Quote Originally Posted by Paul Howell
You can measure the range of a scene with a incident meter, but you must be at the subject facing the camera and meter both the high and low values. The question I still have does it have any practical value? Not having any knowledge or experiacne with the BTZS I just don't know. I do use an incident meter for natural light portraits, but for fast action or landscapes I cannot figure out how to make it work.
I'm not sure how the incident meter can be used to meter both the high and low values since the diffusing dome is designed to "average" all the light falling onto it when positioned on the side of the subject that is receiving the light. If one intends to meter both the high and low values, then it best be done with a spot meter so that an average of the two can be obtained.
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Hellen said earlier that too many people have different views of specular light. To those who take AA's zone system seriously (and I am one), then his definition should be accepted and goes like this: "Polished mirrorlike surfaces yield specular reflections where most of the source light is refelcted in a beam...........Since all scintillations are direct reflections of the light source, they are far brighter than a diffuse area, and they can lend a sense of briiliance to a photograph. Unless the specular areas are large, the duffuse and specular reflections combine to produce an average diffuse luminance value read by the meter. It is usually best in practical terms to try to direct the meter at areas that do not contain strong scintillations" (i.e., specular reflections).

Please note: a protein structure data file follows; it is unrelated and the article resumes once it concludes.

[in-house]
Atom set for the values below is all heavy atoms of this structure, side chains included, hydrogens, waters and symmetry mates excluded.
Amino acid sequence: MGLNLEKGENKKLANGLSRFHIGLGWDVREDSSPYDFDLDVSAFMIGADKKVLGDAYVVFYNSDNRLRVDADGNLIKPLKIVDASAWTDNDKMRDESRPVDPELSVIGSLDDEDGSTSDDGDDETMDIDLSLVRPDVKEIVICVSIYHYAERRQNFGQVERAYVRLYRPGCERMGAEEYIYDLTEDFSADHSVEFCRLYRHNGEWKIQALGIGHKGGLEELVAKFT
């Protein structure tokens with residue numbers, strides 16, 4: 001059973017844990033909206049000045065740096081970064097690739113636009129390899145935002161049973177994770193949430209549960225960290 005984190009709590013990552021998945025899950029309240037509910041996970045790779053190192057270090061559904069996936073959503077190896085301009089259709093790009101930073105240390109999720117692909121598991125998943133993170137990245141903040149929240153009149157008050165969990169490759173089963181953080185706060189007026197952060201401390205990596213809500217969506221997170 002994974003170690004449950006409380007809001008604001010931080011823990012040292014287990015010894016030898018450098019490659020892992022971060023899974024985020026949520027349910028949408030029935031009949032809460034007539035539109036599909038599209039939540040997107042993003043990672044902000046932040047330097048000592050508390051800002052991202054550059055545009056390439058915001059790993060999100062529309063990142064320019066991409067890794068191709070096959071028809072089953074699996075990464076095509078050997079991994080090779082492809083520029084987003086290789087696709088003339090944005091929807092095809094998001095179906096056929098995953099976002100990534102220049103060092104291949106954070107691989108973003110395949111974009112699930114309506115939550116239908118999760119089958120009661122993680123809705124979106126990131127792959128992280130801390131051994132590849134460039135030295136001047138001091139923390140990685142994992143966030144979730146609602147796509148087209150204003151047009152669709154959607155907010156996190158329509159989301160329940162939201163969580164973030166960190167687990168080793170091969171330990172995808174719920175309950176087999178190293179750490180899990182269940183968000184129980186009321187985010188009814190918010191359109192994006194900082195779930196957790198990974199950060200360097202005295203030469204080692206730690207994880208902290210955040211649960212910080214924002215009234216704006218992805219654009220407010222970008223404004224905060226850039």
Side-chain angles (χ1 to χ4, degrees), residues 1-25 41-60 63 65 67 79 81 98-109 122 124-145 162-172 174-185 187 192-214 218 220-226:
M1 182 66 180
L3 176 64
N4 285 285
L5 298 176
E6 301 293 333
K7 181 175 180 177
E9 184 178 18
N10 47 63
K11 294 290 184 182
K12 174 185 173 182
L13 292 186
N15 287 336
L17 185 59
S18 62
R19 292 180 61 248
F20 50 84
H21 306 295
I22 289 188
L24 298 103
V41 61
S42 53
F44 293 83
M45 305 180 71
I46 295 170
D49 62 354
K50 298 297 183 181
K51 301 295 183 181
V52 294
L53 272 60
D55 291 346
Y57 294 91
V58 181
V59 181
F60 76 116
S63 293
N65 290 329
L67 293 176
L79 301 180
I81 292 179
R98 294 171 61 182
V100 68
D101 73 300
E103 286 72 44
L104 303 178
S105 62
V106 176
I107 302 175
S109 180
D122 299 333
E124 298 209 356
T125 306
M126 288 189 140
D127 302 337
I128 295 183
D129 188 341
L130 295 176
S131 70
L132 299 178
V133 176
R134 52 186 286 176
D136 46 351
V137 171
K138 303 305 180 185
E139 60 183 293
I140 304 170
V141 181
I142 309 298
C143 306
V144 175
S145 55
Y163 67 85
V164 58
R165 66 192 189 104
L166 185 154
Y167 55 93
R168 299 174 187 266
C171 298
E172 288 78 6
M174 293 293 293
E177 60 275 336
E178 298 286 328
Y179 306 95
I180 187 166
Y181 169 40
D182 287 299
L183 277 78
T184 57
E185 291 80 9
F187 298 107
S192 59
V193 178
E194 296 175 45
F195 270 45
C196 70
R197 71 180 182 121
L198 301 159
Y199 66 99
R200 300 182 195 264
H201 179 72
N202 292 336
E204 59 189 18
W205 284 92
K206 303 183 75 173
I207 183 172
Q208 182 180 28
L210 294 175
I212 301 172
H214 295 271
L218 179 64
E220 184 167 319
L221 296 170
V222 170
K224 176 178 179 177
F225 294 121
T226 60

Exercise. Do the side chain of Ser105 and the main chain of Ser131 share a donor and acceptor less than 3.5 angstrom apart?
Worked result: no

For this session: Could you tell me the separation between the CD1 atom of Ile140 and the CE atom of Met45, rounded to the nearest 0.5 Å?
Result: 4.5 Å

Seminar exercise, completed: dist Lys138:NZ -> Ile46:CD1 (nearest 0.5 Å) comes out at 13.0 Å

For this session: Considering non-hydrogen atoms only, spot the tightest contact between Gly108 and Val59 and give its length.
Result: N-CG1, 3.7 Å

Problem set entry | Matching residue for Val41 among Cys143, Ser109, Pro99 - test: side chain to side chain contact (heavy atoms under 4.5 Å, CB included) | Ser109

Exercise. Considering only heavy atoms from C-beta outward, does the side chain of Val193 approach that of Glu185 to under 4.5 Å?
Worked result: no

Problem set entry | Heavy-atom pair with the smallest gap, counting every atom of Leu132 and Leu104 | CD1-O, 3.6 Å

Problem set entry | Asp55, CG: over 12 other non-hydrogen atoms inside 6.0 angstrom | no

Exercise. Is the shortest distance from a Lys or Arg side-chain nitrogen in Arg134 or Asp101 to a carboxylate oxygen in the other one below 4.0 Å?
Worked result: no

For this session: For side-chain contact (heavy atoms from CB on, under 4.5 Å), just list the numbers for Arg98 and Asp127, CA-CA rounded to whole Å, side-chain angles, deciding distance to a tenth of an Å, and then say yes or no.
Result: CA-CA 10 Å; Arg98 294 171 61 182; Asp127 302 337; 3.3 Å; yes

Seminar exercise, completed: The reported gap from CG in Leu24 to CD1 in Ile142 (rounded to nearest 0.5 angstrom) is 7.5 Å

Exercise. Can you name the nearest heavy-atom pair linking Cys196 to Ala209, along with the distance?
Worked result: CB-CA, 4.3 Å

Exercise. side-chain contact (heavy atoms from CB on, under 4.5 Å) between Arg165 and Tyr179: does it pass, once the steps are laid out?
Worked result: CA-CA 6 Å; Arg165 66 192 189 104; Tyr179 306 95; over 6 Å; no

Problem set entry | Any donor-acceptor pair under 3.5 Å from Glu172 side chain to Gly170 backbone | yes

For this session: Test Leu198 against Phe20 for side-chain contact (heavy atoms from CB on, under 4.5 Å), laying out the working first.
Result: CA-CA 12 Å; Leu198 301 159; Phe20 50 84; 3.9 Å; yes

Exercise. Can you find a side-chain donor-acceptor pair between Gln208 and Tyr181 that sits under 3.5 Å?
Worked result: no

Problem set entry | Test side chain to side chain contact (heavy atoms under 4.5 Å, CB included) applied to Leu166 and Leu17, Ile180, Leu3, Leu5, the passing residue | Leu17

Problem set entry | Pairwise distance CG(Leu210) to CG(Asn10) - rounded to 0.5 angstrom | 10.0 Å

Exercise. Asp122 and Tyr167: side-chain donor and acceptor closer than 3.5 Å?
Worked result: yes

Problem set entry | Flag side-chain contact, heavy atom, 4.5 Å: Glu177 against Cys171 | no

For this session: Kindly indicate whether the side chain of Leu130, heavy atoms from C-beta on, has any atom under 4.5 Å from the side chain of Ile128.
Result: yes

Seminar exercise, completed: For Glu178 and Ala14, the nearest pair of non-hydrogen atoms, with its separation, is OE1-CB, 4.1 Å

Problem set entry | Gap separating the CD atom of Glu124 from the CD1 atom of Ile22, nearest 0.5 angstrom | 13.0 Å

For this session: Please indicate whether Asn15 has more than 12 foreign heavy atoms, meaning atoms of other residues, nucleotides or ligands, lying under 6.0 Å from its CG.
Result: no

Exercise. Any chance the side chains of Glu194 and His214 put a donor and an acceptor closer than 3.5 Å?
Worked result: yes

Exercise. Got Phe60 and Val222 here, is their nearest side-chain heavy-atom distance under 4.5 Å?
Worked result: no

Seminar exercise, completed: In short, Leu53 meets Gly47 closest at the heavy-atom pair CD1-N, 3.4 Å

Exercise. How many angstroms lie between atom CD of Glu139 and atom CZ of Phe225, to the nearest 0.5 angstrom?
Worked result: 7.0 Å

So, what I get from that is this: without a doubt, the spot meter makes the best utilization of the ZS (i have no idea about BTZS), and do not concern yourself too much with specular reflections as long as they can be kekpt to a minimum on the negative.

Chuck